Sterilisation is a permanent birth control method, and it is most effective for men and women alike if performed safely and ethically. Like all other contraceptive measures, it is also purposeful in advancing reproductive health and choices of couples and individuals. But the recent scenario in India has proven the contrary. In a recent case in Arharia district of Bihar, 15 women died after undergoing sterilisation. These women underwent the surgery at a sterilisation camp organised by the government of Bihar. The surgeries were performed in complete violation of the Ramakant Rai guidelines, which have been issued by the Supreme Court for the same.
Sterilisation in India is being promoted, by the state governments, as a population control measure, in form of such camps and the health workers are being given ‘targets’ of sterilisation. Sterilisation being performed at the mass scale, surgeries lack proper procedure and quality listed in the Ramakant Rai guidelines. This results in negative side effects and death and even sterilisation failure. The health workers target the women from “backward communities” to fulfil the sterilisation targets. It is observed that in most of the cases women are not consented and are unaware of other methods of birth control, when they are being sterilised. This robs woman of their freedom to make informed choice and lead a healthy and dignified life.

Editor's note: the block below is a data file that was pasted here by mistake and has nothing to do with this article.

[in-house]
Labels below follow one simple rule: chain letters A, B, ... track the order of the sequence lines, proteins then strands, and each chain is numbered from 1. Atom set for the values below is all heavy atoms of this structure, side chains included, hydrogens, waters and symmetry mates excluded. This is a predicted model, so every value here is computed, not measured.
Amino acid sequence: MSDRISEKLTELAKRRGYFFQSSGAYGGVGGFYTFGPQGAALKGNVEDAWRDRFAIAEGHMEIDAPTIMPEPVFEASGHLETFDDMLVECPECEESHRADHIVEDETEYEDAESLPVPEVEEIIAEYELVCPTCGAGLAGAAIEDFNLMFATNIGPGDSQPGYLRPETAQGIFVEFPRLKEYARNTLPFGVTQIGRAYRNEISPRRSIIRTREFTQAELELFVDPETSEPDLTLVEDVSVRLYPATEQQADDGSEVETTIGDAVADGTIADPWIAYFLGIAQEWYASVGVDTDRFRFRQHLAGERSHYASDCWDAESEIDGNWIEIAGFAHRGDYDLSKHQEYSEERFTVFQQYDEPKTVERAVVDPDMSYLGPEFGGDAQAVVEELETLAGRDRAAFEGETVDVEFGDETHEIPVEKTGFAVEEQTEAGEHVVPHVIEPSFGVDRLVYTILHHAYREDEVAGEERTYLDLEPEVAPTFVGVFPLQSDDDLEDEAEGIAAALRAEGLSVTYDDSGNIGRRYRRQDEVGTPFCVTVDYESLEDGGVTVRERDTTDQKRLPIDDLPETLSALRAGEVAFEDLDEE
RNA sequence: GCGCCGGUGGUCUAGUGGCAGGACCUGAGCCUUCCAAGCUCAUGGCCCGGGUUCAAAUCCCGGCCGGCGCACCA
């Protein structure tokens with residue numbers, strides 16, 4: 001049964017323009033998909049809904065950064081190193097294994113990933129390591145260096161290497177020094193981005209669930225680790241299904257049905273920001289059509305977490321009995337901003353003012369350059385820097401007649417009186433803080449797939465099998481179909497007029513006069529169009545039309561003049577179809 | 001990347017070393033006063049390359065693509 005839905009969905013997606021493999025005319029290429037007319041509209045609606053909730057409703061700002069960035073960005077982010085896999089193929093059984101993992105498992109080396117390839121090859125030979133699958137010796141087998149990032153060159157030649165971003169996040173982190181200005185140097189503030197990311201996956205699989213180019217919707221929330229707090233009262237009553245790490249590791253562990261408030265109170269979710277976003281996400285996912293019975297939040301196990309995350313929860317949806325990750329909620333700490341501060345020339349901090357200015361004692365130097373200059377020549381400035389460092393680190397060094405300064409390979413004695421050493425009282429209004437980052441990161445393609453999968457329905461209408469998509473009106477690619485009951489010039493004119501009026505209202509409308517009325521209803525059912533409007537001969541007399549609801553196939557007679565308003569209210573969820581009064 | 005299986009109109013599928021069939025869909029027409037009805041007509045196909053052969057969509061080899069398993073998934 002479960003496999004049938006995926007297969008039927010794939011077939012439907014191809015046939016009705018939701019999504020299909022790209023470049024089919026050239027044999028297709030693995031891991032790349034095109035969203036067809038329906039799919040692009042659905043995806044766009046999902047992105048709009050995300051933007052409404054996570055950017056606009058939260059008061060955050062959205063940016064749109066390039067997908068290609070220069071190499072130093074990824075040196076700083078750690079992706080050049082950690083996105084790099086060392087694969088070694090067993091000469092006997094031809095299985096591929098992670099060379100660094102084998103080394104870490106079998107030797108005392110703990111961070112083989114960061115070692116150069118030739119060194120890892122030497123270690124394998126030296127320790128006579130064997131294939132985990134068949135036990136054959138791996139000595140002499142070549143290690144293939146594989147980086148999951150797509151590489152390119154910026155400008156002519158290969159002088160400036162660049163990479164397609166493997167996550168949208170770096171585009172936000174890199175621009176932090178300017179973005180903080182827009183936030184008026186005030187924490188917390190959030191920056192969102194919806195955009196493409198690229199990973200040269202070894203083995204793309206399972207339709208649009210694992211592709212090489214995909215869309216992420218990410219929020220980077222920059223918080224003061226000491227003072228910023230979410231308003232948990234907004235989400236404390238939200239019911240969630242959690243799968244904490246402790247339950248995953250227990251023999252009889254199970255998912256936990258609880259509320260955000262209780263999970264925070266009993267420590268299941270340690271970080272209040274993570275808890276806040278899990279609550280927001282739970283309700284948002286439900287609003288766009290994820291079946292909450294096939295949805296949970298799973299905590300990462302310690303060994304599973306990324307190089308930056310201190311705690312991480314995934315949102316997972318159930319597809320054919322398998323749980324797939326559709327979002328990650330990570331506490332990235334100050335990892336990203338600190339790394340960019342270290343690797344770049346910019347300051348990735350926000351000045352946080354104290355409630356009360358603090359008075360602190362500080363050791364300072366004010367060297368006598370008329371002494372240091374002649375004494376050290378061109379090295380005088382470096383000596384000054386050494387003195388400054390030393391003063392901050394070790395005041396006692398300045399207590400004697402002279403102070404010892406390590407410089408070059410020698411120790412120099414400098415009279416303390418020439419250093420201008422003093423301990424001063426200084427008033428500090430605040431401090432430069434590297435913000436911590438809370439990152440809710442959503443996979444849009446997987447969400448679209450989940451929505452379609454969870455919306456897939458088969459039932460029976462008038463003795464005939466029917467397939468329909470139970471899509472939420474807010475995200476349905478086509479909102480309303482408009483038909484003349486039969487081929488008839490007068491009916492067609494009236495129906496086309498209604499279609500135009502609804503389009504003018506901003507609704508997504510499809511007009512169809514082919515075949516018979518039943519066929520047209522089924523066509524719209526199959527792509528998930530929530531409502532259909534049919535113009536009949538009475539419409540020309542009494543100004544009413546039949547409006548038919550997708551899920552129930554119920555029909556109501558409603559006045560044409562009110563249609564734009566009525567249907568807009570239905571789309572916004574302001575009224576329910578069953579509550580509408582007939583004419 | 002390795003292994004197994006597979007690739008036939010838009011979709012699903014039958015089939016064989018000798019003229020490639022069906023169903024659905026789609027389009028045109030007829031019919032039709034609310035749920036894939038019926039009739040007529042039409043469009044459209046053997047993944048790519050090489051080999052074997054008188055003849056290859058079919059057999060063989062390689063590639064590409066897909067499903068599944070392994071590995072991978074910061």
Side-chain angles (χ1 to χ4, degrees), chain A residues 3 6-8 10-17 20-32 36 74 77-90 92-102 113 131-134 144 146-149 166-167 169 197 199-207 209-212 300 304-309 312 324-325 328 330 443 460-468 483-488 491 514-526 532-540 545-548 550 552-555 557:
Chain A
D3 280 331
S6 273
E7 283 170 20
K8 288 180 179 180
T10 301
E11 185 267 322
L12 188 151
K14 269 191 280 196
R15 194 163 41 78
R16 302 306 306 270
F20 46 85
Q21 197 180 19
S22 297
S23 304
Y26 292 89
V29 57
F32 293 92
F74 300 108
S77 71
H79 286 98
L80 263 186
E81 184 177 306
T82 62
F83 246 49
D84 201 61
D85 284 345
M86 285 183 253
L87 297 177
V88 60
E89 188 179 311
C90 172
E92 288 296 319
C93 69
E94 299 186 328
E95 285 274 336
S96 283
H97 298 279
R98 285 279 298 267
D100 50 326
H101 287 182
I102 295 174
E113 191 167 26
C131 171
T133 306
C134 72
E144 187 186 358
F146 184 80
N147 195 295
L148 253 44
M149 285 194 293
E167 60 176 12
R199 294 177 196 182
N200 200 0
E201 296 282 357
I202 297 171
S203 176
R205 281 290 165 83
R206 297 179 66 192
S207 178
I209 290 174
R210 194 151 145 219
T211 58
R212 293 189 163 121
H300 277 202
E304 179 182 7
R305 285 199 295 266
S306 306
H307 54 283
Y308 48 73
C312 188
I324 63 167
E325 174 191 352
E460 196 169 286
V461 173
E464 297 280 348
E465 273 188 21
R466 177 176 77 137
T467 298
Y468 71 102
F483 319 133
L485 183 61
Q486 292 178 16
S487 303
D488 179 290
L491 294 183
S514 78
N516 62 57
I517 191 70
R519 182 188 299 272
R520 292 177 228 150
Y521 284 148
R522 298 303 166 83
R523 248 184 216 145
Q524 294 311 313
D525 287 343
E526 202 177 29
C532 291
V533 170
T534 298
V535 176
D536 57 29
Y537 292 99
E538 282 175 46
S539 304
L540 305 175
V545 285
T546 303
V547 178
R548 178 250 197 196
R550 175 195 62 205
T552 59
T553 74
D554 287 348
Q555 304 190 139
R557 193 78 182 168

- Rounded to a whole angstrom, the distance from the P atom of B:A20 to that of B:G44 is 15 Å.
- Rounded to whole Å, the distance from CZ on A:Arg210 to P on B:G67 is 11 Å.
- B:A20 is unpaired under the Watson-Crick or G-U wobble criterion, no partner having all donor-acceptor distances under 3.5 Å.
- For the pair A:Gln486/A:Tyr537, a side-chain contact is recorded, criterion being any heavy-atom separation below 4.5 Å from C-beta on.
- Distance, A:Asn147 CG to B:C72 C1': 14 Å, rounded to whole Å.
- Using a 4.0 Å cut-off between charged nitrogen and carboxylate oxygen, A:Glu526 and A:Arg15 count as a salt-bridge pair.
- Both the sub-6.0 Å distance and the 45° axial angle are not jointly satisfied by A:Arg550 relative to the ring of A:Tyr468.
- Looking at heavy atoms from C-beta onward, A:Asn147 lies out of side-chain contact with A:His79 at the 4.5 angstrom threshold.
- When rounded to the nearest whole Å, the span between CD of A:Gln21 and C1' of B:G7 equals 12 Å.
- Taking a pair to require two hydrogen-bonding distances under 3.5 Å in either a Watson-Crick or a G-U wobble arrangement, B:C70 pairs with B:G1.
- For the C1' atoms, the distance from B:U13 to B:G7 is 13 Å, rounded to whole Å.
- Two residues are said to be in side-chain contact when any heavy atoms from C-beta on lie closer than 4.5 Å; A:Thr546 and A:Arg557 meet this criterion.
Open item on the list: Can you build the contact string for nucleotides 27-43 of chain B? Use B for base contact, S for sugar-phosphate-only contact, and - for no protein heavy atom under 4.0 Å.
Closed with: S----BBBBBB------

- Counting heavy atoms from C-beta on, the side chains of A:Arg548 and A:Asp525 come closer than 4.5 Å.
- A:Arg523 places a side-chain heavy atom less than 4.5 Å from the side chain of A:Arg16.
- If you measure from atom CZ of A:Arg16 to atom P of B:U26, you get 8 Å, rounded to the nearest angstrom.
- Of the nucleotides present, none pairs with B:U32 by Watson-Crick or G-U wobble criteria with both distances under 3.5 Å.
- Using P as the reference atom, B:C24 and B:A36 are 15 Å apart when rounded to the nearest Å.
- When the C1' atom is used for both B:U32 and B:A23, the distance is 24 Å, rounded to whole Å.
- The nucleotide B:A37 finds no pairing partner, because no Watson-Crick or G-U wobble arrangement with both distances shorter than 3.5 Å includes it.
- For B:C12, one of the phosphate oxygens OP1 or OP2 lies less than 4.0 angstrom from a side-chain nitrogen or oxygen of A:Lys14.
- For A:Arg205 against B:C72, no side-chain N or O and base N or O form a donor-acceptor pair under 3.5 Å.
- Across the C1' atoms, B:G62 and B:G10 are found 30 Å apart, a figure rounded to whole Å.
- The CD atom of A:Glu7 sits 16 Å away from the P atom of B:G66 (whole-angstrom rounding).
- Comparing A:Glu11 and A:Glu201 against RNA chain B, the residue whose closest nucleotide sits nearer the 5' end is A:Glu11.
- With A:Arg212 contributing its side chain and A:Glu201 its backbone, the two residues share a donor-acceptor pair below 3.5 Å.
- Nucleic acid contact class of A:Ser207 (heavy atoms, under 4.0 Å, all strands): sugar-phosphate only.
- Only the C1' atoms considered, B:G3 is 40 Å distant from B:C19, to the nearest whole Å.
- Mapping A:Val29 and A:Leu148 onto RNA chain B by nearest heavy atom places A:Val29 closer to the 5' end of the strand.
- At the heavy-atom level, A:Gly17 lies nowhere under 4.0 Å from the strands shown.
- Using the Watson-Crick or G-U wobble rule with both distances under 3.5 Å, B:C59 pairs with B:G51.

Though sterilisation is a safer and easier option for men, but there is a stigma around vasectomy that it makes them impotent and female sterilisation remains the most used method. People are not even informed of the other temporary contraceptive choices and there are a high number of complaints about the contraceptives not being available.
Sterilisation should not be looked at as a population control measure. The aim of family-planning programme is to enable people to make informed choices and to provide people with safe and effective methods for it.
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